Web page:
So how do you figure out how many solar panels and batteries you need? The first step is to determine how much power the appliances and lights you intend to run draw. There are a couple of ways to determine this. The wattage of a UL listed/approved appliance can usually be found near the AC power cord. This may be in amps or watts. If it is in amps, a simple formula will let you convert it to watts: Volts x Amps = Watts. In other words if your appliance draws 4 amps, the formula would be 120 x 4= 480 watts.

Another method is to use a Kill A Watt Electricity Usage Monitor. This is an inexpensive device that monitors how much power your appliance uses. If you don’t have the patience for math calculations and want quick answers, this is probably the best way to go! I wrote a detailed explanation for how to use the Kill A Watt in this article.

The average refrigerator use varies from as low as 200 watts for a new Energy Star refrigerator to as high as 600 watts for an older unit. At startup, your refrigerator may have a higher draw, so you want to err on the high side when you figure how many watts of power you need. Also, determine the wattage of any lights or other items you intend to run.

## How long will you run that fridge and those lights?

Once you have determined the wattage, you need to run all your appliances. Determine how many hours each day they will run. For instance, your refrigerator can run approximately 1/3 of the time during a 24 hour cycle, or 8 hours a day. The light that draws 75 watts may run 3 hours a day. Once you have determined how many watts you use a day from each appliance, add them up to give you the **daily watt-hour** results.

For example

- Refrigerator 1600 watts
- Lights 400 watts
- Misc 400 watts
- ———–
- Total 2400 watts
**daily watt-hours**

Now, to allow for bad weather when the sun doesn’t shine, multiply the **daily watt-hour **result by three. This provides a buffer, in case you aren’t able to recharge the batteries on a daily basis.

Because you should not discharge the batteries below 50%, multiply this number by 2. This will give you the total battery capacity your system needs to store to run for three days. Or in this example, 14400 watts.

## What size of battery bank?

Now we will calculate the size of the battery bank you will need in amp hours. Amp hours are used because this is the standard by which batteries are rated. This is determined by dividing the total battery capacity required by the voltage of your batteries.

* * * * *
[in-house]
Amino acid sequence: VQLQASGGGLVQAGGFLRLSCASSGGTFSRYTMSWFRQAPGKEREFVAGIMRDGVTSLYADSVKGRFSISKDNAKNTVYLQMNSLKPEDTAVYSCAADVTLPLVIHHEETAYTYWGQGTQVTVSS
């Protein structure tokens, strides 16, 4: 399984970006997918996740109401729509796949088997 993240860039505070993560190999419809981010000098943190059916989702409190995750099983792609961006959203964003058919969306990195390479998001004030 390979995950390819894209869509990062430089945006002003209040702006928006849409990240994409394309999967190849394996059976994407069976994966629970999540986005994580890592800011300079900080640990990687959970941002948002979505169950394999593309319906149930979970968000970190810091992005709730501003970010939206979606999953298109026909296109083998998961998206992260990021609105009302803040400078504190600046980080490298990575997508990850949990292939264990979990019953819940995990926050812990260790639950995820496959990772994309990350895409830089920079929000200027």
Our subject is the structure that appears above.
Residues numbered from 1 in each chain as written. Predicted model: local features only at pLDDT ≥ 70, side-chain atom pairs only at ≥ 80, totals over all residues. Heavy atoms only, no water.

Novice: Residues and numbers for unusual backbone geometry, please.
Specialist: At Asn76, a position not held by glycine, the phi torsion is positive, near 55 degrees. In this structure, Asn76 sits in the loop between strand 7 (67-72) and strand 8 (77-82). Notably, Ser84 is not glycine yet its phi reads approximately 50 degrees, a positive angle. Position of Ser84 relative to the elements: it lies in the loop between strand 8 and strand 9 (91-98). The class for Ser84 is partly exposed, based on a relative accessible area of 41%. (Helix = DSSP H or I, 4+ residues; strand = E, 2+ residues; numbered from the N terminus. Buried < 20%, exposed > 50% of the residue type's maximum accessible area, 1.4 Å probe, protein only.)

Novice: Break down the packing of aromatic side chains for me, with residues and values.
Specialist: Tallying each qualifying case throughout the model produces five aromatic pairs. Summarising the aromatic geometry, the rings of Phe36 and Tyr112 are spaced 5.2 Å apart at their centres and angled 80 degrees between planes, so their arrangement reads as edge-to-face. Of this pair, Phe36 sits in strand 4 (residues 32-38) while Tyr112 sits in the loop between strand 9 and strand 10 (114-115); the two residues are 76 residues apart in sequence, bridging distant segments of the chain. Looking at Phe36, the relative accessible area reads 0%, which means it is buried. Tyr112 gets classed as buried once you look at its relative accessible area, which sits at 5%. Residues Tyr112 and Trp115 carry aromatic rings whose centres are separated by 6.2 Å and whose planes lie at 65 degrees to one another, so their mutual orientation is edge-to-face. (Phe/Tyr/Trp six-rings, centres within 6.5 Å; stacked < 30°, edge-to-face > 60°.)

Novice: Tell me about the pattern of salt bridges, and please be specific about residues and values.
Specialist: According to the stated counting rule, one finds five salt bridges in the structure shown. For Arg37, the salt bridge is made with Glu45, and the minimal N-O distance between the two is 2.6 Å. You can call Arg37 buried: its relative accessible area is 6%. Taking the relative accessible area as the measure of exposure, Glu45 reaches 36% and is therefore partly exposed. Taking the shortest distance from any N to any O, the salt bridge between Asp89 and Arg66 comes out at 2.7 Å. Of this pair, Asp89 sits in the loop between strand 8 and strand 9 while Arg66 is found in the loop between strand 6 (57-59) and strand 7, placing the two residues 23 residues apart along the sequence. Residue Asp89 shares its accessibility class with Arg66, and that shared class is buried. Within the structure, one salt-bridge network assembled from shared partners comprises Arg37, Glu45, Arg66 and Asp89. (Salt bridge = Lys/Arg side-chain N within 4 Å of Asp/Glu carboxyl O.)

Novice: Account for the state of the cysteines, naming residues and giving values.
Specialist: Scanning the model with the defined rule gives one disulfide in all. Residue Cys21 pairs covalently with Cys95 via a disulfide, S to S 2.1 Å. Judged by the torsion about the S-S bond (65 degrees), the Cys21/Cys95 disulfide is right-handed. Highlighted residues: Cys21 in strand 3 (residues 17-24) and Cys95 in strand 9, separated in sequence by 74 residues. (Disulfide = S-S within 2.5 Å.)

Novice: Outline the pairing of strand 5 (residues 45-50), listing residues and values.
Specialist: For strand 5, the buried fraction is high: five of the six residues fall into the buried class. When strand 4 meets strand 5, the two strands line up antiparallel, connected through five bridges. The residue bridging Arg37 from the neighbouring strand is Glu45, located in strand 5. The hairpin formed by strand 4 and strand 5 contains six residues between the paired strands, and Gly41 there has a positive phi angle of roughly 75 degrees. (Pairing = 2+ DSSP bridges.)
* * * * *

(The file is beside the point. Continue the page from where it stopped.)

For example, if your system requires 14400 watts, you would divide 14400 by 12, which would show that you need 1200 amp hours. Divide the total amp hours by the amp hour rating of your batteries and you will have the number of batteries you need. For example, if you have deep cycle batteries rated at 300 amp hours, you would need 4 batteries. The Vmaxtanks brand is one of the highest rated deep cycle battery brands that I have found.

## Factor in the solar panels

With these calculations in hand, how many solar panels do you need? Again, this is just a matter of a math calculation.

Divide the **daily watt-hours** by the wattage of your solar panels, times the number of hours of sun. If you have a 75-watt panel and 5 hours of sun per day, you would produce 375 watts per day per panel. Now divide the **daily watt-hours** by the wattage produced by one solar panel. Using the 2400 **daily watt-hour** figure from the above example, you would divide the 2400 by 375 and need 6.4 panels. Always round this off to the higher number.

For this system you would need seven 75-watt solar panels and four 300-amp hour batteries. If you were using 200-watt panels, you would need only three panels and four 300-amp batteries.

If you’re intrigued with solar power and its uses, in this article I explain a simple way to turn a simple 12-volt battery pack into a small solar generator and more explanation for building a small solar system here. A portable solar sytem on wheels is another versatile option for solar power and in this article you can see photos and simple instructions.

I recommend learning the fundamentals of solar power on small projects like these and then using that knowledge on larger projects, such as a system to power a home or man cave. Over the years, my family and I have used a number of small solar-powered gadgets and batteries around the house, and you can read about them on this page.

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**Source: PreparednessAdvice.com**